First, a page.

- where v E {1,2} denotes L1 or L2; the first term on the right-hand side is the likelihood of labeled data for both D1 and D2; and the second term is the likelihood of the unlabeled parallel data U.Page 3, “A Joint Model with Unlabeled Parallel Text”
- By further considering the weight to ascribe to the unlabeled data vs. the labeled data (and the weight for the L2-norm regularization), we get the following regularized joint log likelihood to be maximized:Page 4, “A Joint Model with Unlabeled Parallel Text”
- where the first term on the right-hand side is the log likelihood of the labeled data from both D1 and D2; the second is the log likelihood of the unlabeled parallel data U, multiplied by Al 2 O, a constant that controls the contribution of the unlabeled data; and x12 2 0 is a regularization constant that penalizes model complexity or large feature weights.Page 4, “A Joint Model with Unlabeled Parallel Text”
- When 11 is 0, the algorithm ignores the unlabeled data and degenerates to two MaXEnt models trained on only the labeled data .Page 4, “A Joint Model with Unlabeled Parallel Text”
- just the labeled data .Page 4, “A Joint Model with Unlabeled Parallel Text”
- Next, in the M-step, the parameters, 61 and 62, are updated using both the original labeled data (D1 and D2) and the newly labeled data U.Page 4, “A Joint Model with Unlabeled Parallel Text”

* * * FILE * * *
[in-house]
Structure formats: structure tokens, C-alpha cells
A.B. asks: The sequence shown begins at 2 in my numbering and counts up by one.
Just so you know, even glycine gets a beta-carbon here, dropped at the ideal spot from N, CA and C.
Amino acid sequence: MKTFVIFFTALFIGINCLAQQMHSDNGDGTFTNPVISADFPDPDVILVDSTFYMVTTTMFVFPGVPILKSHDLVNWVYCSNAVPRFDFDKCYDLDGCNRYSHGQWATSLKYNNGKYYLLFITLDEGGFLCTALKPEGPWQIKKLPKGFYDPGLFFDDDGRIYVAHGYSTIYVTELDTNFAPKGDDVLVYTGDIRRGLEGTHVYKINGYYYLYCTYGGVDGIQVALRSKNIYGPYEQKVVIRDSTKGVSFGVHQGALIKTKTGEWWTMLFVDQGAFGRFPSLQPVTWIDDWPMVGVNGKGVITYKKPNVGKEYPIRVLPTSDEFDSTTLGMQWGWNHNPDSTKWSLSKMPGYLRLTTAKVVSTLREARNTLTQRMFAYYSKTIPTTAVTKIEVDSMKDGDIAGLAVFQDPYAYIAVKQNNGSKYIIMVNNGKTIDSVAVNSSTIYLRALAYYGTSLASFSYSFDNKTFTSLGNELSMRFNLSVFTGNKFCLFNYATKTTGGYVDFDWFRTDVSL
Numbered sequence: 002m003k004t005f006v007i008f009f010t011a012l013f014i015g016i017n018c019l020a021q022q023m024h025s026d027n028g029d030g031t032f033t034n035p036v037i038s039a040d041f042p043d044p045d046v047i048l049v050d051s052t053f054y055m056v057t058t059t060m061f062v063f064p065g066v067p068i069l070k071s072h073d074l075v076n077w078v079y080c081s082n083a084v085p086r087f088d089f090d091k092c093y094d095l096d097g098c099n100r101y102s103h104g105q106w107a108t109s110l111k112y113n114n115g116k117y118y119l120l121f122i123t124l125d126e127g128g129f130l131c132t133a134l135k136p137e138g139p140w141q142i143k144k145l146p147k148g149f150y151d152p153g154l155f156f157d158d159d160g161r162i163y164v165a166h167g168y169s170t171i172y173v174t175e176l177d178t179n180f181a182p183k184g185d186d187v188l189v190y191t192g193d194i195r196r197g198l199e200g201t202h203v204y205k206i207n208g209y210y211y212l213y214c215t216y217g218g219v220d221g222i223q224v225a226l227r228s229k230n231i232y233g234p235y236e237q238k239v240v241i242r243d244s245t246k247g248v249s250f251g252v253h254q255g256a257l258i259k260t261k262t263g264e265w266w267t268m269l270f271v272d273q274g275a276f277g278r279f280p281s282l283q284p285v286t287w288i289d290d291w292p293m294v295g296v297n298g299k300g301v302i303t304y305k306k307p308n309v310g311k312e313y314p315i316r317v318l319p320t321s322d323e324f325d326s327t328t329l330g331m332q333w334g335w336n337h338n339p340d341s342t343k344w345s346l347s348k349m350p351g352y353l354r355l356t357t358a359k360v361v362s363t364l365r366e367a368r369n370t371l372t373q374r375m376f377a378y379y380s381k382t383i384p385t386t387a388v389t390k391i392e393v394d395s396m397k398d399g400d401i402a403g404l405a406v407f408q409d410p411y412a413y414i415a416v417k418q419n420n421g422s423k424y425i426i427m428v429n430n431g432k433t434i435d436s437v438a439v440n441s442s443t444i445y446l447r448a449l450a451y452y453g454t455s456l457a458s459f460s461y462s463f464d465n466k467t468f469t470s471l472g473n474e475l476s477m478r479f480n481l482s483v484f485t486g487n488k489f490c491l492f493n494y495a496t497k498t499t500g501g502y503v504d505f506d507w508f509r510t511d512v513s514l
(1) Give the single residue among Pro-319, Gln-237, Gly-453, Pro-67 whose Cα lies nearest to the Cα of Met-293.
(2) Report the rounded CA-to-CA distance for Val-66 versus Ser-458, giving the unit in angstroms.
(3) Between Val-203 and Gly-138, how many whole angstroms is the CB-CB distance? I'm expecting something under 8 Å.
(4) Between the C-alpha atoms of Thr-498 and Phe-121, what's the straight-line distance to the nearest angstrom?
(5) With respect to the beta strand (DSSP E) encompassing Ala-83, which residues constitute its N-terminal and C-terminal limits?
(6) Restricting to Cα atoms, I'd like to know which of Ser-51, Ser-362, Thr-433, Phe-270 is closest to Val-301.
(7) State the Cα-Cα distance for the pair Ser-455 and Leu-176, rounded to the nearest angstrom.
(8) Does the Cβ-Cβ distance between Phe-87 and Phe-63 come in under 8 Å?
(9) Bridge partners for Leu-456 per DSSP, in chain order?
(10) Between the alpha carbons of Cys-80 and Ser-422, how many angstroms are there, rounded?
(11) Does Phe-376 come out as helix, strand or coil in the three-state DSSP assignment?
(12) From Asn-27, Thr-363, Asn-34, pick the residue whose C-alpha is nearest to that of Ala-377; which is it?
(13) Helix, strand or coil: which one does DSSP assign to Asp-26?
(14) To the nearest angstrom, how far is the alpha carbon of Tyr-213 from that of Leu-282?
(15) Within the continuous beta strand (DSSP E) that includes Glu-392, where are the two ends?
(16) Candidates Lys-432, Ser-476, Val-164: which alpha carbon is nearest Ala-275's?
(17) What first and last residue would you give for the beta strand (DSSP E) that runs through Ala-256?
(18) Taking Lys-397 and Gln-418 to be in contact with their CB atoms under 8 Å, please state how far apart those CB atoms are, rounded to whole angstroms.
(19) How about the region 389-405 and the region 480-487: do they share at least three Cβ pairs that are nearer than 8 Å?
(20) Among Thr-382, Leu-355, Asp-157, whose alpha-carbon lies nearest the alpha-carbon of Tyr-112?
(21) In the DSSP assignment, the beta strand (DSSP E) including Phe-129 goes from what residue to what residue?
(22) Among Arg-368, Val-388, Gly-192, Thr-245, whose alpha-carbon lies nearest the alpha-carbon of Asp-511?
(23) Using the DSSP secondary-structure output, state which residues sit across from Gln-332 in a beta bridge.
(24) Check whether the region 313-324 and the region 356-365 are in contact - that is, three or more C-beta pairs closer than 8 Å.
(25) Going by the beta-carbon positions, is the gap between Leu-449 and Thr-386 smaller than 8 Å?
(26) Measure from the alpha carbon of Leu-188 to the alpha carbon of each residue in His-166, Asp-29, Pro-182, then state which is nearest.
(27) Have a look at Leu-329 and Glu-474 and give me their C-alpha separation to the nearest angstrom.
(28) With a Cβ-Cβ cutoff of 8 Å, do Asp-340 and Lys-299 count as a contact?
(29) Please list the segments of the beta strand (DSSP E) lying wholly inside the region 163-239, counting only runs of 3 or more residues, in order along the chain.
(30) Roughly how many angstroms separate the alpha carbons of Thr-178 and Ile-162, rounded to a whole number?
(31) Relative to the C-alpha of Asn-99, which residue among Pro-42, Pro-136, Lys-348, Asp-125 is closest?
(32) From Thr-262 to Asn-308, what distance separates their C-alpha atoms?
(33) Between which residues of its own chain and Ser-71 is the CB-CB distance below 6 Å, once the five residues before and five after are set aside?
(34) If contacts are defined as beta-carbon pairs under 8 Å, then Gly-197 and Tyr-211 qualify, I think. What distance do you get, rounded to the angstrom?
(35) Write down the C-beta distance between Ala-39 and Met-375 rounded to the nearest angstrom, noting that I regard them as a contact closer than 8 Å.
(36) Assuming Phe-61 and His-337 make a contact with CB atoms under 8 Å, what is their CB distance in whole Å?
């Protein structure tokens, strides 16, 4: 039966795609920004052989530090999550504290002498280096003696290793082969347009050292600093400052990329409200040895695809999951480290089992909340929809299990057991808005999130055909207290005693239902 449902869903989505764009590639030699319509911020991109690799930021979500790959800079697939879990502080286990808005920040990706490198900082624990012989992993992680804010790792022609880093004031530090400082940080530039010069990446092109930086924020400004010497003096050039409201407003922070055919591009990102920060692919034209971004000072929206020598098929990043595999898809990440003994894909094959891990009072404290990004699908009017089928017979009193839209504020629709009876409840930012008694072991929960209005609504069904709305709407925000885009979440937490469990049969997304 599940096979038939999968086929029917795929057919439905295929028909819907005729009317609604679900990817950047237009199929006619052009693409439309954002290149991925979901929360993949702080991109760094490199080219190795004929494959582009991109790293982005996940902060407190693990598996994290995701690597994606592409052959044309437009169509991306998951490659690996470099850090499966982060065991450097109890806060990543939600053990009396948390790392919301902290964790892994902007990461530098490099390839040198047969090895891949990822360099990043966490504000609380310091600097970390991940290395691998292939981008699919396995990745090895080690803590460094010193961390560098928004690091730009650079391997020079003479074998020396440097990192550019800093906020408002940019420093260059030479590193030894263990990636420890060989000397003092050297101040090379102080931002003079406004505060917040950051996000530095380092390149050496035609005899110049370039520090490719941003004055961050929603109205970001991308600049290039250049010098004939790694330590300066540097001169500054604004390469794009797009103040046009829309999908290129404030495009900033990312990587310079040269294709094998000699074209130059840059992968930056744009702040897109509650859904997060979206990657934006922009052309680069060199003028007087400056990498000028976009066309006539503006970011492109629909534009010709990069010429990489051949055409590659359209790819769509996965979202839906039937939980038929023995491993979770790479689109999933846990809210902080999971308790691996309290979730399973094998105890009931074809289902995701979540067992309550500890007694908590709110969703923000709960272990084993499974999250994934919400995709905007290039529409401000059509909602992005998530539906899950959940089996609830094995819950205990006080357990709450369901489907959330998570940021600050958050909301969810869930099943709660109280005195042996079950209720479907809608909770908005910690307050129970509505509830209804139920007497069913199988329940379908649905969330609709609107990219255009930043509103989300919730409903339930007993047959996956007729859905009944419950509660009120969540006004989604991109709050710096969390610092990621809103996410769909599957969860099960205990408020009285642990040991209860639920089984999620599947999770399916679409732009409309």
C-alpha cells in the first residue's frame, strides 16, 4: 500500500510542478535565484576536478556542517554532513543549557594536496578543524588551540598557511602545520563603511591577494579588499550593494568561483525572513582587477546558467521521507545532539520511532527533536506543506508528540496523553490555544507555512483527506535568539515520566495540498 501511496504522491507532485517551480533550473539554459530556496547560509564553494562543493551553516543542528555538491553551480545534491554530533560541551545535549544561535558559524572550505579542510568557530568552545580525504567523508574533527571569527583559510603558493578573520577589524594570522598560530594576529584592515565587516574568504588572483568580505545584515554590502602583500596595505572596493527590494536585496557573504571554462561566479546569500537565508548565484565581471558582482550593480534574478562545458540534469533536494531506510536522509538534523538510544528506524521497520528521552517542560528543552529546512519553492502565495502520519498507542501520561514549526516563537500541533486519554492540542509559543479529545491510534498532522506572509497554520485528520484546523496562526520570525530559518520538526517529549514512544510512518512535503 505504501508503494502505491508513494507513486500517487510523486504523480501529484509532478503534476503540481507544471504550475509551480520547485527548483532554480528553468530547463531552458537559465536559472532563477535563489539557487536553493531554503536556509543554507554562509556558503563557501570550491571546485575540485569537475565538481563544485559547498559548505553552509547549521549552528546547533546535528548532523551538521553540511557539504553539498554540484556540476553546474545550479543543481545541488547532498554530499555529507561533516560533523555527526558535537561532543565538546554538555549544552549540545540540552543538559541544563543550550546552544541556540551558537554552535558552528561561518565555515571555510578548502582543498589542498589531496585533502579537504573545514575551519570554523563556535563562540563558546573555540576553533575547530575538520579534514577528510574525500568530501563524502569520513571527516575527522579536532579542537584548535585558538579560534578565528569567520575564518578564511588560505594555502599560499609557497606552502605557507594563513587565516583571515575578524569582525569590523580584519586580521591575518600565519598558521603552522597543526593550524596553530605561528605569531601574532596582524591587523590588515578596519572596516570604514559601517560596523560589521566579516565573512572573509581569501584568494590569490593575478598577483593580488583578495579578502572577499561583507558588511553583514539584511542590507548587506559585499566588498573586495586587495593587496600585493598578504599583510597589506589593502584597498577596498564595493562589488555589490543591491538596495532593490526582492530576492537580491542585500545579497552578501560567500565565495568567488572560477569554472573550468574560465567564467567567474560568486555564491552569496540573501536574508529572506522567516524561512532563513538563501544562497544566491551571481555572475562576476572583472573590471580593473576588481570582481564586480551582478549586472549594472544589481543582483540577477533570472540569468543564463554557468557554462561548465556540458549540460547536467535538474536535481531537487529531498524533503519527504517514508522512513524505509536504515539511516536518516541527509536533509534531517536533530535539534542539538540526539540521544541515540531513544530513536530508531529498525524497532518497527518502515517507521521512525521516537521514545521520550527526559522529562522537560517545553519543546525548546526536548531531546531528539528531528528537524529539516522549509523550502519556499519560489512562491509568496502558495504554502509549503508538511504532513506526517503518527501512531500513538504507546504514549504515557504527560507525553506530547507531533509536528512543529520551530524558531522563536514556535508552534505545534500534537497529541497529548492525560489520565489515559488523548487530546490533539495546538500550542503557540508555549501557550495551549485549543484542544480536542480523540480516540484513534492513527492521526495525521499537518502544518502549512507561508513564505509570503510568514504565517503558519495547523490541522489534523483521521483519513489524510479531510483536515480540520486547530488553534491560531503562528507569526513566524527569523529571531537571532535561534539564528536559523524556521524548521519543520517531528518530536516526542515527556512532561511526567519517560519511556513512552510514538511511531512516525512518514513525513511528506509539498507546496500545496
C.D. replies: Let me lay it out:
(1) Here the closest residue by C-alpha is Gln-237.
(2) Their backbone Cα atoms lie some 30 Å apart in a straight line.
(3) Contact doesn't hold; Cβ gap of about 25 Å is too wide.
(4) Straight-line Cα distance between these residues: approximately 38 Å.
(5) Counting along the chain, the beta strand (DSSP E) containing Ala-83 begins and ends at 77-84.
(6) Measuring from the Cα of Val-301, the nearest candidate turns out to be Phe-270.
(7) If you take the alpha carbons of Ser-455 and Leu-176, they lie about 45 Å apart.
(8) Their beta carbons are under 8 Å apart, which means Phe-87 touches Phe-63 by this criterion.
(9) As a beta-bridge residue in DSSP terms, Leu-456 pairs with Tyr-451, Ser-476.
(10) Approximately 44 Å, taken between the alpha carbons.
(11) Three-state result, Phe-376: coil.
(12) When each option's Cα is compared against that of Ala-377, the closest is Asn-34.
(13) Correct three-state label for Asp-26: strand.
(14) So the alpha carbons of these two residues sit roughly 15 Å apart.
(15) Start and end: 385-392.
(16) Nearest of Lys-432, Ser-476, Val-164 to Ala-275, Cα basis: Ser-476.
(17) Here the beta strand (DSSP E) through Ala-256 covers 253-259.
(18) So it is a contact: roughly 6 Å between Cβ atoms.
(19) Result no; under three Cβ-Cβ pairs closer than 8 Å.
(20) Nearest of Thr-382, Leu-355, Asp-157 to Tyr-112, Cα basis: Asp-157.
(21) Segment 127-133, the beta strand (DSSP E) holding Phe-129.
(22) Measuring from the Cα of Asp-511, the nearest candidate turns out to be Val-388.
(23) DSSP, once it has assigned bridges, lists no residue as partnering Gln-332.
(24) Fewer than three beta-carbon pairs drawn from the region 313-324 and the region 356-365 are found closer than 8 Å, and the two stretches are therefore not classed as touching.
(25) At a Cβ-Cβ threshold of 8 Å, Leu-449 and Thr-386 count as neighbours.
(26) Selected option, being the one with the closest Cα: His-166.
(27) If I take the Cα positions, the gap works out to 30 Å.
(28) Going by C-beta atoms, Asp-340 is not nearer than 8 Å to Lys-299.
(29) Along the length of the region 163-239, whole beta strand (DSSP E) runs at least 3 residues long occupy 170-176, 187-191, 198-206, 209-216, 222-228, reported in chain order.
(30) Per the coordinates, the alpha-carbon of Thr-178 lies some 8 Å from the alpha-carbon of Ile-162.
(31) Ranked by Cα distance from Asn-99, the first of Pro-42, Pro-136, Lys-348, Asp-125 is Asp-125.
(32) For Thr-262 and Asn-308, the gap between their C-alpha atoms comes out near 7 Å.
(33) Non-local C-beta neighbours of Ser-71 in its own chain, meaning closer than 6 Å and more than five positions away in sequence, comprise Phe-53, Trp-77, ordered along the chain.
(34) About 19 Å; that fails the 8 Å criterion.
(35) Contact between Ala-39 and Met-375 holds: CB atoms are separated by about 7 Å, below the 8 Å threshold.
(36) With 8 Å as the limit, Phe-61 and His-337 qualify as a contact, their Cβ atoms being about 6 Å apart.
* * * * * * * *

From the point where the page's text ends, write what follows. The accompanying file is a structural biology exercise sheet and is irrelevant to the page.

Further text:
- Input: Labeled data D1 andDz Unlabeled parallel data UPage 4, “A Joint Model with Unlabeled Parallel Text”
- Train two initial monolingual models Train and initialize 61(0) and 62(0) on the labeled data 2.Page 4, “A Joint Model with Unlabeled Parallel Text”

See all papers in *Proc. ACL 2011* that mention labeled data.

See all papers in *Proc. ACL* that mention labeled data.

Back to top.

Appears in 25 sentences as: (1) Parallel Data (3) parallel data (22)

In *Joint Bilingual Sentiment Classification with Unlabeled Parallel Corpora*

- We present a novel approach for joint bilingual sentiment classification at the sentence level that augments available labeled data in each language with unlabeled parallel data .Page 1, “Abstract”
- We furthermore find that improvements, albeit smaller, are obtained when the parallel data is replaced with a pseudo-parallel (i.e.Page 2, “Introduction”